Recent Results in Blind and
|A. Lee Swindlehurst
Brigham Young University
Electrical and Computer Engineering
Provo, UT 84602
Abstract Signal recovery in the presence of co-channel interference is accomplished by means of both spatial equalization (i.e., beamforming), and also temporal equalization in situations involving non-ideal (e.g., multipath) channels. Nearly all of the techniques (blind or otherwise) have been developed to solve either the spatial or the temporal equalization problem, but not both simultaneously. In addition, it appears that little effort has been devoted to studying relative algorithm performance, particularly in the area of beamforming.
In this presentation, some recent research results at Brigham Young University in these latter two areas are presented, as outlined below:
(1) We have undertaken a comprehensive study of DF-based beamformers in an attempt to classify them in terms of both mean squared error (MSE) and signal-to-interference-plus-noise ratio (SINR) performance. Algorithms studied include classical and linearly constrained beamformers, least squares, total least squares, principal components methods, and techniques that attempt to approximate the Wiener solution.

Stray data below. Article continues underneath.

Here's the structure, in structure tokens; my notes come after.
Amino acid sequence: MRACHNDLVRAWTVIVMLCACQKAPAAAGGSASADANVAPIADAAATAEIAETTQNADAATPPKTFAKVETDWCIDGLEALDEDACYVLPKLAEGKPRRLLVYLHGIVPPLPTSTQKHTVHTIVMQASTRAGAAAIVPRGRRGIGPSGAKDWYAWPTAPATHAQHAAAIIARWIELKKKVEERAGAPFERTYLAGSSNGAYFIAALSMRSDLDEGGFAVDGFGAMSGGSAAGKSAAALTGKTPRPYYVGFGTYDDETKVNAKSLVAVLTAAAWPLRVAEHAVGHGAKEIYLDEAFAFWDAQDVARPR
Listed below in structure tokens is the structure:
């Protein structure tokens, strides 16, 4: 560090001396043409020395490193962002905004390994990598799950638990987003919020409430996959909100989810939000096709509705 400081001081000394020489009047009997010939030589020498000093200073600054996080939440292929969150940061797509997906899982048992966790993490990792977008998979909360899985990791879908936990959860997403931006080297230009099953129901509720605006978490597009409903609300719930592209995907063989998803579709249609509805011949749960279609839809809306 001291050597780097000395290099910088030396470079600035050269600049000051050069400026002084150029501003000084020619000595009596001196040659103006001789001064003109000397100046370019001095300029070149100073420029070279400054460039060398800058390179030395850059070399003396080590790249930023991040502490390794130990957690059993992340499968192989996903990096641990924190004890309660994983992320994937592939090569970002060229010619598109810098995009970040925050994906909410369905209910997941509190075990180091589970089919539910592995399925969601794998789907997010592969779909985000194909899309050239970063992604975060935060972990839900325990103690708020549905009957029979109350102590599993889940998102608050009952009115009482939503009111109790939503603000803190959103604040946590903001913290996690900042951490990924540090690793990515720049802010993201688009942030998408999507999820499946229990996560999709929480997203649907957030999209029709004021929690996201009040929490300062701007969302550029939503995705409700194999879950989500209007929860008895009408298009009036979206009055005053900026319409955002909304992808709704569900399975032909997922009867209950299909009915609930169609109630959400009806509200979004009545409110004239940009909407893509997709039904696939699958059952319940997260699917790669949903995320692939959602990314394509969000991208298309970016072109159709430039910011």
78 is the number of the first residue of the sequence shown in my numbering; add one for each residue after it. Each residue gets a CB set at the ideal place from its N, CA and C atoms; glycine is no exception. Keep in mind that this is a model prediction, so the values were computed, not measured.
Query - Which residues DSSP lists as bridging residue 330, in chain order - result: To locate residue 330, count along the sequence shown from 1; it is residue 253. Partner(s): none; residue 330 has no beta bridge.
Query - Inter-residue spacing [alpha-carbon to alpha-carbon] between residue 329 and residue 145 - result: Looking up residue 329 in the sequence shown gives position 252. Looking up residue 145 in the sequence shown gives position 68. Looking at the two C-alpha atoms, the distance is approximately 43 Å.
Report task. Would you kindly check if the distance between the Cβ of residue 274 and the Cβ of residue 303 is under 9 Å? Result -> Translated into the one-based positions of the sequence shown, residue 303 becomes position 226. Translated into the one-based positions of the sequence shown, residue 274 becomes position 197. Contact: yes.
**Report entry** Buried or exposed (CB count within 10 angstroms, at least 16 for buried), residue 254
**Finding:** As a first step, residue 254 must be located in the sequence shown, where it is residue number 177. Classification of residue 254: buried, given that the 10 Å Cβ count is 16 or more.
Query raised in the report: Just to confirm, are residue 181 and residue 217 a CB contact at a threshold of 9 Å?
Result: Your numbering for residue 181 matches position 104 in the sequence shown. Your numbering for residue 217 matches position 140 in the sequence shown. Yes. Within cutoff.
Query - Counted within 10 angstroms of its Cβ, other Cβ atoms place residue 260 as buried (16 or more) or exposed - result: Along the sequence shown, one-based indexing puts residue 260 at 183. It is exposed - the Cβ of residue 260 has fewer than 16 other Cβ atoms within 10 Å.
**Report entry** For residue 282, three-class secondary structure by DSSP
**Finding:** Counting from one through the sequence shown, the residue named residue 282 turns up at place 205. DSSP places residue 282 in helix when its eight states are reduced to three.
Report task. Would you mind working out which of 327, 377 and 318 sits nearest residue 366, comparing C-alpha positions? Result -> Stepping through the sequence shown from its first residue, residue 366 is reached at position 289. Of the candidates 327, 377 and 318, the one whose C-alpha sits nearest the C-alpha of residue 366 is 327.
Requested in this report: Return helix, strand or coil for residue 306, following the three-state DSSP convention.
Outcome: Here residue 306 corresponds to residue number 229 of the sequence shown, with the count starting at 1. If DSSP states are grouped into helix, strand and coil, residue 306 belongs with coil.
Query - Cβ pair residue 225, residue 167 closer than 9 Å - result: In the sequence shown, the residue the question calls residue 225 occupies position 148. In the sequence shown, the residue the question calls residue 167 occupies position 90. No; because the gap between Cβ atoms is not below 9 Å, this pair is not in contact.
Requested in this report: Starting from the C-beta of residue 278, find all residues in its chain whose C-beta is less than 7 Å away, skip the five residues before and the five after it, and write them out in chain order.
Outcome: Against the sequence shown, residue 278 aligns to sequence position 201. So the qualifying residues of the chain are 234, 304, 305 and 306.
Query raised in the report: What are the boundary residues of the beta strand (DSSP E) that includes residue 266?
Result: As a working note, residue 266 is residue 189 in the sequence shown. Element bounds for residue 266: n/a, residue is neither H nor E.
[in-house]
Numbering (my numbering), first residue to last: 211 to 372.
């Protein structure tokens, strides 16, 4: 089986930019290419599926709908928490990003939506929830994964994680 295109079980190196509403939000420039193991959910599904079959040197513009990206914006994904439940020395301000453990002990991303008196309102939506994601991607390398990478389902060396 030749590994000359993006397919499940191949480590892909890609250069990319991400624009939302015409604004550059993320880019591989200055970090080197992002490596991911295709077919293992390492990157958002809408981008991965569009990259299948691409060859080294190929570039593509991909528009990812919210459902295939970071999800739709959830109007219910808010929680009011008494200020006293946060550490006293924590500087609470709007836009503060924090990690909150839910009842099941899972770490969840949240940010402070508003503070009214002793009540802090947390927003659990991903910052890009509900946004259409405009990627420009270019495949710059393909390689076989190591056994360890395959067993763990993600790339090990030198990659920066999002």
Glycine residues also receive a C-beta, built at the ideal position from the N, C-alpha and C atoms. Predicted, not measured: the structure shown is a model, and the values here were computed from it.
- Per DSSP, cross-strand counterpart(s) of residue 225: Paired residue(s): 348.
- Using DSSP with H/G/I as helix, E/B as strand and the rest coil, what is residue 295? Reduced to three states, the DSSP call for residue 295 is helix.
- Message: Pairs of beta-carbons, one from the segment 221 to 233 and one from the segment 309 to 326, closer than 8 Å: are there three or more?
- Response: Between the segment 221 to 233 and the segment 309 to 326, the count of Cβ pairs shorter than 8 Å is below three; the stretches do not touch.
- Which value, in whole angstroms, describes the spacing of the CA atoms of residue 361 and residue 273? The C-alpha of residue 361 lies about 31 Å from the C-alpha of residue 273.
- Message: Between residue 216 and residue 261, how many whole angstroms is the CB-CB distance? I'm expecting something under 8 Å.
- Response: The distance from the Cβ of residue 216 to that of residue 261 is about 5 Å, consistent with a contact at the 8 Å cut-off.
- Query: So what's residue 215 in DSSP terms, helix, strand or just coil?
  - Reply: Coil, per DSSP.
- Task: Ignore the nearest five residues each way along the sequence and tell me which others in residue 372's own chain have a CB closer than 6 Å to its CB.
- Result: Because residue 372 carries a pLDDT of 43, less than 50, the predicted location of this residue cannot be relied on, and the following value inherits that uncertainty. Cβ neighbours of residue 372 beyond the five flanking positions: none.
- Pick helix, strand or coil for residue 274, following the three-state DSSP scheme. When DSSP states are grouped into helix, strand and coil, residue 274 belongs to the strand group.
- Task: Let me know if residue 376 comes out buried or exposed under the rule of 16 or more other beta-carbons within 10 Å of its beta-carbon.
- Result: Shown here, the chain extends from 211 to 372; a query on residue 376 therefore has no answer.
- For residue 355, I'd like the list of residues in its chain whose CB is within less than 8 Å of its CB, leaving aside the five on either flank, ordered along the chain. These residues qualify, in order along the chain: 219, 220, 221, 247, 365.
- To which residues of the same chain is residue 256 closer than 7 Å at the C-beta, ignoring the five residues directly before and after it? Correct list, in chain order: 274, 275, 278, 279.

(2) Two new techniques for spatial equalization have been developed, the first designed to maximize SINR when highly correlated multipath is present, and the second based on spatial decision direction for digital signals. We have also analyzed the bit error rate performance of the latter technique for M-ary PSK signals.
(3) A method for partially blind, joint spatio-temporal equalization has been developed for time invariant multipath channels. The algorithm involves a least-squares fit to the data model in the frequency-domain, and provides an identifiable parameterization even in situations where the number of multipath rays far exceeds the number of sensors in the array.
Not surprisingly, our work has led us to conclude that the most promising approaches for equalization are those that attempt to incorporate both spatial and temporal information into the process, rather than ignoring one or the other. Simulation results are presented to validate our conclusions.
Direct comments and questions to: firstname.lastname@example.org
© MIT Lincoln Laboratory. All rights reserved.